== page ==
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“I’m a Bad Mother!”
By: Beth McHugh 2007
This is a cry that I hear from literally hundreds of mothers, both in the course of my counseling experience and simply from comments dropped by friends, acquaintances and even complete strangers.
But it is a particularly poignant cry from mothers who are experiencing emotional upheaval, often chronic in nature, and who also have the added responsibility of caring for children as well as the minefield of mental illness.
No matter what the life experience of the mother, whether it be depression, post-partum depression, bipolar disorder, or an anxiety disorder, the concern is the same. “I’m not good enough!” or “I’m worried I’m hurting my children in some way” or “What if my illness is making them sick, too?” or “They’d be better off with a well mother”.
The last one is a particularly sad expression of guilt and remorse since it is so unwarranted. Having a mental illness does not make you a bad parent. This is where the stigma of mental illness is so debilitating across the board: It even encroaches on a parent’s self belief in themselves to offer love, the most important aspect of parenting. Being emotionally ill in no way detracts from a parent’s love for their offspring.
Whenever I come across a parent making any of these comments in therapy, I always offer the same piece of information. If you are worried that you are not a good mother then you ARE a good mother! At such times I impress upon the distraught mother that the very fact that they are thinking these thoughts and also expressing them to a third party means that they, as a parent, are aware of their shortcomings and therefore are not in denial and blind to the possible detrimental effects they may be having on their children. It is the so-called “normal” parent who lives their life largely for themselves, who blindly follows a career path or a social life oblivious to the effect it may be having on their children, who is failing as a parent.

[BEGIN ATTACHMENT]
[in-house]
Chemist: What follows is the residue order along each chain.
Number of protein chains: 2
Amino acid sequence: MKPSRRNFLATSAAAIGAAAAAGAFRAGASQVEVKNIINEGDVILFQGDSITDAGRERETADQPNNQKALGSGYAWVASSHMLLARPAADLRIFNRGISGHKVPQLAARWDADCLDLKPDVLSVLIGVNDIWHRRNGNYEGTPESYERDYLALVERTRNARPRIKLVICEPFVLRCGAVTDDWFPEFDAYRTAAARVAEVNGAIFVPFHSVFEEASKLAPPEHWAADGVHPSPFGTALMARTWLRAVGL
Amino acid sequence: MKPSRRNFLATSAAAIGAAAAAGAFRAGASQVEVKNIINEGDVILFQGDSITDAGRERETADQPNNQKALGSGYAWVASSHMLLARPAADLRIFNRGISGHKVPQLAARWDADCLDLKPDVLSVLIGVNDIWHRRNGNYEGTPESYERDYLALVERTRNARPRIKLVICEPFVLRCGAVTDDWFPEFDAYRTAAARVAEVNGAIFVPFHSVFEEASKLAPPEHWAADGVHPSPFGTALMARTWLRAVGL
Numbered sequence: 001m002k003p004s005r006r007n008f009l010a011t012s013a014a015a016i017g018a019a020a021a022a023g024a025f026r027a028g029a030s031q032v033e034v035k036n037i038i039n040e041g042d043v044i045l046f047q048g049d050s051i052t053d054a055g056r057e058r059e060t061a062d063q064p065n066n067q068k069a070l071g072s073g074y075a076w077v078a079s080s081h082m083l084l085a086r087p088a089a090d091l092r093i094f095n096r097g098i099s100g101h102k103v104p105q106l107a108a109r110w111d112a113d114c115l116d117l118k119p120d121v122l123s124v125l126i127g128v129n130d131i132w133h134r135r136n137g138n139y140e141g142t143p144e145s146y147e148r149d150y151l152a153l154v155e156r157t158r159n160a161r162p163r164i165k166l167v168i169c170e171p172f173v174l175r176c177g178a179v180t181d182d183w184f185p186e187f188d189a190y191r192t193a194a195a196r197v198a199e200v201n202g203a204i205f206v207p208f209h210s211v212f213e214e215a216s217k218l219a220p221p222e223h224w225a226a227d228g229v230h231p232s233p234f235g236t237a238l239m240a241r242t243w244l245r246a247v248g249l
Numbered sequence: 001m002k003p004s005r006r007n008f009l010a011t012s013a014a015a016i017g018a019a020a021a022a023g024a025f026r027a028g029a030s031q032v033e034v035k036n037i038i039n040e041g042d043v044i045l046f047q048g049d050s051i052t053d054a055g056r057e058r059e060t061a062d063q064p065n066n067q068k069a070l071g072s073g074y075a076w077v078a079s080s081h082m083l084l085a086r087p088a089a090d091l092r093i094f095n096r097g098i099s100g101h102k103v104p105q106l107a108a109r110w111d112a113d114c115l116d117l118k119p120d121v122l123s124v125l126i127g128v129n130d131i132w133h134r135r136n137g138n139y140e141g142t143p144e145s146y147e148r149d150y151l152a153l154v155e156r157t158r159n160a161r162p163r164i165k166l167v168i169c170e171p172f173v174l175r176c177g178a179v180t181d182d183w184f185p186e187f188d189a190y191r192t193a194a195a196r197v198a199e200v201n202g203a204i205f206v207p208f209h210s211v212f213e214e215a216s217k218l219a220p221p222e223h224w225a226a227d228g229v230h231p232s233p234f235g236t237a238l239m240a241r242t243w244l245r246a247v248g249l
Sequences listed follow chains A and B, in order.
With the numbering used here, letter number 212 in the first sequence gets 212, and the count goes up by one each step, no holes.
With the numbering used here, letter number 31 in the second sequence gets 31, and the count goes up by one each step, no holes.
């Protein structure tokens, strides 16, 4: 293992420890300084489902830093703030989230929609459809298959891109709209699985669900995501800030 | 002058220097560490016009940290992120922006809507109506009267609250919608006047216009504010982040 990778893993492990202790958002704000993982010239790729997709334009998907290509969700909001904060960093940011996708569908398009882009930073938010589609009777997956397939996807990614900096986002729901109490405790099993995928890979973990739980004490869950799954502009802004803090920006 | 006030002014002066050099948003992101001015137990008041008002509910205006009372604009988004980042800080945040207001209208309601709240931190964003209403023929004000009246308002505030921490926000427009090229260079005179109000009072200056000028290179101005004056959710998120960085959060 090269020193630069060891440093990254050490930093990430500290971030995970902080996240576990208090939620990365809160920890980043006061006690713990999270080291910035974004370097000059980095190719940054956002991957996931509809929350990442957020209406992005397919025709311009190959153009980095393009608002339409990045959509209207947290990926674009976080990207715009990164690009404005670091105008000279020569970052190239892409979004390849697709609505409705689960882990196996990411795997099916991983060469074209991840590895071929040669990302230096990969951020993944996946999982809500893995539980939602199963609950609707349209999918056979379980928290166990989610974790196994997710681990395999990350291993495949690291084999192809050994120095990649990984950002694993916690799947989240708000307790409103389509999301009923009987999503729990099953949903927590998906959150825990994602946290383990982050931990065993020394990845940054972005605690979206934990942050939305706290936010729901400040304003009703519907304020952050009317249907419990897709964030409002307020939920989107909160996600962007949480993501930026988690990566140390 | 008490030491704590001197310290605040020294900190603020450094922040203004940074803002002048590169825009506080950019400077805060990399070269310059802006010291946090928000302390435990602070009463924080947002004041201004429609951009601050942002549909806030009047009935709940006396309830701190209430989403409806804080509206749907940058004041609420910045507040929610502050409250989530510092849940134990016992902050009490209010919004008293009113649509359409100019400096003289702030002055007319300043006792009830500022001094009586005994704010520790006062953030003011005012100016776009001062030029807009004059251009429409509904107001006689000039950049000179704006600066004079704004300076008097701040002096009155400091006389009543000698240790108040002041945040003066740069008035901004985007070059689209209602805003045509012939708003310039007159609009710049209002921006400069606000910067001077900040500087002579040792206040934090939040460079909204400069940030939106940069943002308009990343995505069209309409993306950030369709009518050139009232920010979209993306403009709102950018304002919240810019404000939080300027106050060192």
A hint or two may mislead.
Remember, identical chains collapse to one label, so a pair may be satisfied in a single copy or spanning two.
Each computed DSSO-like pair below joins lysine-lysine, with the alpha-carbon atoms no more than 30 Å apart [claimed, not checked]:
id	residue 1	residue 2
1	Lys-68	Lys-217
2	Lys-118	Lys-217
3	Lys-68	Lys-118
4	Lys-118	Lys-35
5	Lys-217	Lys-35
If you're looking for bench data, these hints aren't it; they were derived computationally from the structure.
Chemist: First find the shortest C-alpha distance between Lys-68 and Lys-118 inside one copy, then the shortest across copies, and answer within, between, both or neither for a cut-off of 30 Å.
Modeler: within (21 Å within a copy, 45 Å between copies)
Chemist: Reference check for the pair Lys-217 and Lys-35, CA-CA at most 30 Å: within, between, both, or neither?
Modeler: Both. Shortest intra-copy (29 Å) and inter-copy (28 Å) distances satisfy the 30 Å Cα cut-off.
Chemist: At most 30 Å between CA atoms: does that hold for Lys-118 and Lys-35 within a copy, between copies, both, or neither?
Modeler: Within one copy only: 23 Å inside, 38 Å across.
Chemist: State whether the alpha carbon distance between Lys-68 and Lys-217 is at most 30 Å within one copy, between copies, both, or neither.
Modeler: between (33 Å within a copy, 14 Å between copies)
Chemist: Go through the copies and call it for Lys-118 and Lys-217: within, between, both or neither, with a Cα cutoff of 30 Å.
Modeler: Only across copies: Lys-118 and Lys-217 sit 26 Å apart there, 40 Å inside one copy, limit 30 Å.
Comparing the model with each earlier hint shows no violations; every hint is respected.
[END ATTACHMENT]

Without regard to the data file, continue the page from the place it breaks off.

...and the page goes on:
So if you think that you are a bad parent, believe me, you are not. This also applies to parents who have let their children down, perhaps as a result of years of chronic alcoholism and have taken steps to change and have a long term history of wholesome living and recovery. They too consider that they have been bad parents, and in a way they have, but they have done something about it.
If you have never questioned your parenting skills, then it is perhaps
time for a reality check, because any good parent is constantly monitoring
the effects their behaviors are having on their child. If you worry,
you’re fine! Or as we therapists say, you are a “good-enough”
parent. And that is all a child needs.
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